On the latter front, behavior, there are also important commonalities. The Old Testament God was cruel, self-righteous, unjust, demanding, and acting according to a closely-held personal agenda (moving in a mysterious way?) without thought of courtesy or explanation to humans. Consider that the Old Testament God destroyed whole cities (like those of Sodom and Gomorrah), and that it's his plan to kill us by the billion-fold in the End Times, if we don't believe in him. The Old Testament God is indeed one of violence and punishment.

And this is precisely how Star Trek V: The Final Frontier depicts this creature. He wants to deliver his power -- his violence and judgment -- to "every corner of creation." Naturally, Kirk can't allow this.

Over the years, I have come to agree with my former-girlfriend's assessment. The alien portrayed in Star Trek V: The Final Frontier may indeed be the Old Testament God of our legends. Just as Apollo was indeed, Apollo of Greek Myth in "Who Mourns for Adonis."

And, in fact, Captain Kirk kills God. (Or rather, it's a cooperative venture with the Klingons...). In doing so, Kirk frees humanity (and the universe itself) from the oppression of superstition, judgment and tyranny.

The ultimate knowledge, according to this Trek is that God only exists "right here; the human heart," as Kirk notes near the film's conclusion. Accordingly, The Journal of Religion and Society explains that this is a narrative wrinkle true to "the collective history of Classic Star Trek," a re-assertion of Roddenberry-esque, secular principles. In his essay, "From Captain Stormfield to Captain Kirk, Two 20th Century Representations of Heaven, scholar Michel Clasquin concludes:

"In "Final Frontier", Heaven turns out to be Hell: the optimism is deferred until the heroes have returned to the man-made heaven of the United Federation of Planets. The film ends where it began: with Spock, Kirk and McCoy on furlough in a thoroughly tamed Earth wilderness. This, the film tells us, is the true Heaven, the secular New Jerusalem that humans, Vulcans and a smattering of other species will build for themselves in the 24th century, a world in which the outward heavenly conditions reflect the true Heaven that resides in the human heart."

Clasquin's point here demands a re-evaluation of the book-end Yosemite camping scenes of Star Trek V: The Final Frontier. Many critics complained that the film takes a long time to get started, since the crew must "laboriously" be re-gathered from vacation. However, if Star Trek V: The Final Frontier's point is that "God" resides in man's heart (And is man himself) and that the Garden of Eden, or Heaven itself is "a tamed Earth wilderness," -- a finely-developed sense of responsible environmentalism, in fact -- then these two sequences of "nature" prove absolutely necessary to the narrative. Heaven on Earth is within our grasp, the movie seems to note. We don't have to die to get there. We just have to act responsibly, as stewards, of our planet (or in Star Trek's universe, planets, plural). The human heart, and the Beautiful Earth: these are Star Trek V: The Final Frontier's (atheist) optimistic views of where, ultimately, Divinity resides.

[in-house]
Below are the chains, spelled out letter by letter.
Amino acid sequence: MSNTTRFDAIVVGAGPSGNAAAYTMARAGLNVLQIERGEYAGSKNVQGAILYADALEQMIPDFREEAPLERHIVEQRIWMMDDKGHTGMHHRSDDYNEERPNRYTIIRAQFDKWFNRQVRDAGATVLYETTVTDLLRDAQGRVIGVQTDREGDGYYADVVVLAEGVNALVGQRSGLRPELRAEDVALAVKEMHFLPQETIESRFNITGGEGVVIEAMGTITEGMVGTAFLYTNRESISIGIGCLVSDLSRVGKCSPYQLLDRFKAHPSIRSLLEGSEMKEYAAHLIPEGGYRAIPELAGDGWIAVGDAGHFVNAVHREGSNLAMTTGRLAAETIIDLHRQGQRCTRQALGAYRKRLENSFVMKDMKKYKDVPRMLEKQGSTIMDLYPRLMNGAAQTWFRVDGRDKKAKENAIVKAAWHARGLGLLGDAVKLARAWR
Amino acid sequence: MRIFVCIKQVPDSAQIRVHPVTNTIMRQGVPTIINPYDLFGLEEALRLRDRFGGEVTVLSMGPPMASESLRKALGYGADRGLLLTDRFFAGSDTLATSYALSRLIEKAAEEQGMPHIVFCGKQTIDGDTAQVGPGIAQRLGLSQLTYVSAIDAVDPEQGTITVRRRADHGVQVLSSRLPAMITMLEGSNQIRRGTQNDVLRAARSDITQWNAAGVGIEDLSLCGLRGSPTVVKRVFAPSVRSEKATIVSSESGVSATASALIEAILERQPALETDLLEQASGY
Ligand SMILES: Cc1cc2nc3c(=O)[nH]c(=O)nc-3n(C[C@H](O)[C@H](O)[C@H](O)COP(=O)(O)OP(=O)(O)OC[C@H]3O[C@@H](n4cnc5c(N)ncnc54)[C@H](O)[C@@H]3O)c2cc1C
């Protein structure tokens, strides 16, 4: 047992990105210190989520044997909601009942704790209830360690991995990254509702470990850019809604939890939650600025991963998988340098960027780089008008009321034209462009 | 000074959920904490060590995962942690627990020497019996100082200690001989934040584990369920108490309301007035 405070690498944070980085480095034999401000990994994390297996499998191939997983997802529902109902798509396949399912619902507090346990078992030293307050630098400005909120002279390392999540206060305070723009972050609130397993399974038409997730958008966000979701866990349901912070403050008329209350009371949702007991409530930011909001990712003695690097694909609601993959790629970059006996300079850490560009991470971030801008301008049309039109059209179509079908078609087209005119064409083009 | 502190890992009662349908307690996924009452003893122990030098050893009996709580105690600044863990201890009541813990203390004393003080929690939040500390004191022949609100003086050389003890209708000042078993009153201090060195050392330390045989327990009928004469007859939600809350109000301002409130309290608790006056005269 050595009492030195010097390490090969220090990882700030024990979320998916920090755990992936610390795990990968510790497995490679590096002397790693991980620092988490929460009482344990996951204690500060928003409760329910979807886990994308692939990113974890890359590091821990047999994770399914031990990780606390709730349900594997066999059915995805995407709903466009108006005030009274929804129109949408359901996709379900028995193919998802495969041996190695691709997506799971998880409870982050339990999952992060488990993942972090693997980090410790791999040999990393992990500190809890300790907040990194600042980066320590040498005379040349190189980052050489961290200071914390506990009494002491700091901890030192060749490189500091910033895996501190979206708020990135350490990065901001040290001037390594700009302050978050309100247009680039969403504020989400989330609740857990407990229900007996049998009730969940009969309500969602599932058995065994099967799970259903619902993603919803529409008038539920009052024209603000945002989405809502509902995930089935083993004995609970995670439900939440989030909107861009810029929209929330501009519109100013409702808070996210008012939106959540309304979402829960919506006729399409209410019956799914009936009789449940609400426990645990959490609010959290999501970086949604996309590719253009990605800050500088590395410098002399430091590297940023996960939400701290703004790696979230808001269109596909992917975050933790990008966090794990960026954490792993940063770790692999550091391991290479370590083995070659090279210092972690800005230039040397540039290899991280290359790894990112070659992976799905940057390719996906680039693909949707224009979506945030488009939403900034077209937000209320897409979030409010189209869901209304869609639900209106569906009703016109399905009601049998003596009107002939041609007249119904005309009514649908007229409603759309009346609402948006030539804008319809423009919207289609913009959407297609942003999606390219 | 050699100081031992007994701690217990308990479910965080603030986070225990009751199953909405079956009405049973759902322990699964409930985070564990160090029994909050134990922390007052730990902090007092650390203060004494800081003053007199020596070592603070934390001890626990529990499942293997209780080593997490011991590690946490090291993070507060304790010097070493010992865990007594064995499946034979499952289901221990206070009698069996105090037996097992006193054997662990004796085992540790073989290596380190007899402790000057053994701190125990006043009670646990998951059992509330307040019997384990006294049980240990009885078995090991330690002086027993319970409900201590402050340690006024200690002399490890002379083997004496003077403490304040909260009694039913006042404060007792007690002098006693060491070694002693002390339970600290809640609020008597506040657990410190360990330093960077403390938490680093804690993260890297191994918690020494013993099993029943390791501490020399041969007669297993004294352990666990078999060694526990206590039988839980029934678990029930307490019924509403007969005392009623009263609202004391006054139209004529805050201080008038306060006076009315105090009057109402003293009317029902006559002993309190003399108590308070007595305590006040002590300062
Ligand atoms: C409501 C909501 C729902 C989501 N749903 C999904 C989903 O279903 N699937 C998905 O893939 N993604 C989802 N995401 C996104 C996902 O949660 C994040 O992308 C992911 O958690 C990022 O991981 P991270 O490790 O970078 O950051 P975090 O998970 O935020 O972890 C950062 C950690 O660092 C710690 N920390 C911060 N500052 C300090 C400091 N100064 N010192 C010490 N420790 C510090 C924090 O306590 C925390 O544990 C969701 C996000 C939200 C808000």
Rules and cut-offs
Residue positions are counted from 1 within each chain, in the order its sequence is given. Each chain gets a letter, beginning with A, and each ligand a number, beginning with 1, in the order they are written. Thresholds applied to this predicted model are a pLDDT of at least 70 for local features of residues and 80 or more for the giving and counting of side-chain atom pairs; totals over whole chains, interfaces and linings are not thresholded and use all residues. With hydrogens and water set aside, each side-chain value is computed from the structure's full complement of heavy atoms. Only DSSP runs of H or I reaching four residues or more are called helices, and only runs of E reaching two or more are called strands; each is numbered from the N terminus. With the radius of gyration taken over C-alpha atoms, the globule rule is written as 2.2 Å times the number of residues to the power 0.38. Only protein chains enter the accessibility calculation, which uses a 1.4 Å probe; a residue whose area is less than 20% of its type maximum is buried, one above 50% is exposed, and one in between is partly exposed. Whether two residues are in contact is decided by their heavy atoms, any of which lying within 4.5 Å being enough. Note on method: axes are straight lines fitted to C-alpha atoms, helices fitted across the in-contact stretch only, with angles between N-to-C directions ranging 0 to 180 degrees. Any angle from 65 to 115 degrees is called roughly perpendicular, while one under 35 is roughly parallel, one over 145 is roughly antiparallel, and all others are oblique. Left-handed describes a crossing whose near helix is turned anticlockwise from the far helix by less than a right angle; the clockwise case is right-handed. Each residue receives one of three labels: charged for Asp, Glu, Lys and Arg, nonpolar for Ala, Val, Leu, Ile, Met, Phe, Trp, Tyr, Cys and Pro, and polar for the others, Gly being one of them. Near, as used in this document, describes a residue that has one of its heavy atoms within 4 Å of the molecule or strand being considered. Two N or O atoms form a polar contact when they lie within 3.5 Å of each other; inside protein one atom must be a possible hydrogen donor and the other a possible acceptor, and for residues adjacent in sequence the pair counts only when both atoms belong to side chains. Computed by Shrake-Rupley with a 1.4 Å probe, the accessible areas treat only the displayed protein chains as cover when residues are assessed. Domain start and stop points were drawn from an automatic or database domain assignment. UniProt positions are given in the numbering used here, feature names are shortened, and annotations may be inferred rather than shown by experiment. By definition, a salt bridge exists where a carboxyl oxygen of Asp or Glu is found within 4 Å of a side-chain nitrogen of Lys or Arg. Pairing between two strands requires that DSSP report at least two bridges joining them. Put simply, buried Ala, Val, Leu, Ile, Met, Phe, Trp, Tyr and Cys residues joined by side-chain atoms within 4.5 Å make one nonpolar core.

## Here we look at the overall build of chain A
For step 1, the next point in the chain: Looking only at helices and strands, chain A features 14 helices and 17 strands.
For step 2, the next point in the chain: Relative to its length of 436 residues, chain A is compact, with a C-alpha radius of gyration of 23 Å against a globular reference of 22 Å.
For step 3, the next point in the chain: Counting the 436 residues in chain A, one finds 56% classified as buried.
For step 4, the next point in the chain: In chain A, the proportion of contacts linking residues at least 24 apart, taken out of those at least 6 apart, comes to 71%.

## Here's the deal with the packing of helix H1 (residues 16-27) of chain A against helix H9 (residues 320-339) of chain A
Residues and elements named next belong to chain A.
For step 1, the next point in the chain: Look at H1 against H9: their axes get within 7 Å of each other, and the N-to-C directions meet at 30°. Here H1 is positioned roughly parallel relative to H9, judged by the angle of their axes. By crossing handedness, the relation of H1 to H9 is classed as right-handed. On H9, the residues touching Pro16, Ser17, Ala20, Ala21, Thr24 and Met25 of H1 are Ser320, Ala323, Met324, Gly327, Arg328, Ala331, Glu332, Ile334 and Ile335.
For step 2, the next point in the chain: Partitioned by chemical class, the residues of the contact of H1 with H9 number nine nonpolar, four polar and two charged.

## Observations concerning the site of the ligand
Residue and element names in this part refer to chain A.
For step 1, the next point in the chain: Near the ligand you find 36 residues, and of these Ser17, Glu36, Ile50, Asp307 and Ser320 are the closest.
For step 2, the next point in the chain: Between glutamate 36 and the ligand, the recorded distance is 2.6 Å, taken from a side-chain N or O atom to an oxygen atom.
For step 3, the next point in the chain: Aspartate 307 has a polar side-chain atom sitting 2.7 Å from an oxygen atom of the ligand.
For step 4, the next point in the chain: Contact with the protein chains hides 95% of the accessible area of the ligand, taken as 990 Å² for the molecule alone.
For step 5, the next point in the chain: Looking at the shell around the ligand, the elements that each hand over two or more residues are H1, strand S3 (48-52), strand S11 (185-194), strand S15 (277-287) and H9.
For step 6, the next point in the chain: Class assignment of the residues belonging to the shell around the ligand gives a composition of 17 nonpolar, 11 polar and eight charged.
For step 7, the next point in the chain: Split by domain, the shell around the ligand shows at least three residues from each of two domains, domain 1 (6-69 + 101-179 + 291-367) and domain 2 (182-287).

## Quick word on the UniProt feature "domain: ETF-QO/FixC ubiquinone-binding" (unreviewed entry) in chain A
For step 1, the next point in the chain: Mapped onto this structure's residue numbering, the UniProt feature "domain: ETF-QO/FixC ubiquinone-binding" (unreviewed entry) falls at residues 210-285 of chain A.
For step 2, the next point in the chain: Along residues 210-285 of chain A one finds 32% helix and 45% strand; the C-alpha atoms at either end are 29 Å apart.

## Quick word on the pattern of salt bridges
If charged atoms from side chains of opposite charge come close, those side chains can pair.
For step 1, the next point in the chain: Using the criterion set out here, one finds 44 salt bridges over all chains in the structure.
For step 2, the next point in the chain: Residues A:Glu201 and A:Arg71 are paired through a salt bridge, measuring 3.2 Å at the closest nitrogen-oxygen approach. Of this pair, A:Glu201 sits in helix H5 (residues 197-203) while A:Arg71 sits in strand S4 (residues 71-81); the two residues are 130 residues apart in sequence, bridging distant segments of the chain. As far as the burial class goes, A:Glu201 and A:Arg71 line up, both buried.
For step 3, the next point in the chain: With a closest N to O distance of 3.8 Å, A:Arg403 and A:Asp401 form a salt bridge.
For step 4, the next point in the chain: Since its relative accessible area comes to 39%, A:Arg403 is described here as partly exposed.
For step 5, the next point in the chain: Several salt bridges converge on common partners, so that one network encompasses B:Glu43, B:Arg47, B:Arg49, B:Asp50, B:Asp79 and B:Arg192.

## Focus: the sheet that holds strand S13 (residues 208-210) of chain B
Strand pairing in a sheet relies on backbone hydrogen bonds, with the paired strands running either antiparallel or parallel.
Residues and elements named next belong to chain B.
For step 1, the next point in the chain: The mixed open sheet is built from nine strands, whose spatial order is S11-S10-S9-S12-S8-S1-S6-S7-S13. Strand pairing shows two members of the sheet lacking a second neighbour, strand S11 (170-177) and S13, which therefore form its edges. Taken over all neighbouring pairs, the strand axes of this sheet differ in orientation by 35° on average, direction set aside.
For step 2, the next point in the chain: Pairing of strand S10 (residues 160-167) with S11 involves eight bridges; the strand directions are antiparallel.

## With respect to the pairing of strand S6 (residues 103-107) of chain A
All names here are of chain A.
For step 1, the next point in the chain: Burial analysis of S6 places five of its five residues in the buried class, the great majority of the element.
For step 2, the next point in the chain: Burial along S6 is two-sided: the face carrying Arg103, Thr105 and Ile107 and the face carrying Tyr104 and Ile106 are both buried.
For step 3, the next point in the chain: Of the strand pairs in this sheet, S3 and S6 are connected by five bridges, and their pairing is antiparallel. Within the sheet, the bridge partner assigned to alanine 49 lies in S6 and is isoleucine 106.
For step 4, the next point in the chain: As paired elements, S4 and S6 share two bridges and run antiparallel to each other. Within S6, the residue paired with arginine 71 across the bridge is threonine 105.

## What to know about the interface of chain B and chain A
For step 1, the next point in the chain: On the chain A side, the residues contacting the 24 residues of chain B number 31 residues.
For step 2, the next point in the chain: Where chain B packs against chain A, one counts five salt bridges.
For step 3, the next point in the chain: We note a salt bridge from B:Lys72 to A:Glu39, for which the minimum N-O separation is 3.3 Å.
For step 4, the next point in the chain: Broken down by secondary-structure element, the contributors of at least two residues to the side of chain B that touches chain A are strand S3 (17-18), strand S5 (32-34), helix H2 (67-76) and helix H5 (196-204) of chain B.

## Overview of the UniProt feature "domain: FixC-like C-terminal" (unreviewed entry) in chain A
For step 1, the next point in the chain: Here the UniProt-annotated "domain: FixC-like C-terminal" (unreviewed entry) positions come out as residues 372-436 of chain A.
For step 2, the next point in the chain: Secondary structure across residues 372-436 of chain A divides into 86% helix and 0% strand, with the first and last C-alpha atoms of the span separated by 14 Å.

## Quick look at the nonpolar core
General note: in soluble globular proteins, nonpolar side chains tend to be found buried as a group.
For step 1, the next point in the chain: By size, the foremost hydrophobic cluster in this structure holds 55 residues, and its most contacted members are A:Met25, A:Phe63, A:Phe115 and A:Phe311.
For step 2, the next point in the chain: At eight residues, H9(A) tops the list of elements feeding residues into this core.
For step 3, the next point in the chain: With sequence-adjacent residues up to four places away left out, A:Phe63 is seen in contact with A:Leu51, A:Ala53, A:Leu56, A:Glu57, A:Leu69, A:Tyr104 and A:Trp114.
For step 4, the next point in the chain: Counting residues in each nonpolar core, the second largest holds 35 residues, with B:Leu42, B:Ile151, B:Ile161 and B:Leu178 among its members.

All I Can Say is, They Don't Make 'Em Like They Used To: A Movie Shattered (not Shatnered...) by Poor Execution

William Shatner handles many of the visual aspects of Star Trek V: The Final Frontier with flair and distinction. He is badly undercut, however, by three catastrophic weaknesses. The first such weakness involves interference in the very story he wanted to tell. The second involves inferior special effects, and the third involves slipshod editing.

On the first front, William Shatner sought initially to make a serious, even bloody movie concerning fanatical religious cults and God imagery. His plan was shit-canned in large part, by Paramount Studios. Star Trek IV: The Voyage Home (1986) had just proven a major success, and the Powers That Be judged this was so because the movie evidenced a terrific sense of humor, particularly fish-out-of-water humor. The edict came down that Star Trek V: The Final Frontier had to include the same level of humor as its predecessor.

Frankly, this was the kiss of death. The humor in Star Trek IV: The Voyage Home grew organically out of the situation: advanced people of the 23rd century being forced to deal with people and activities of the "primitive" year 1986.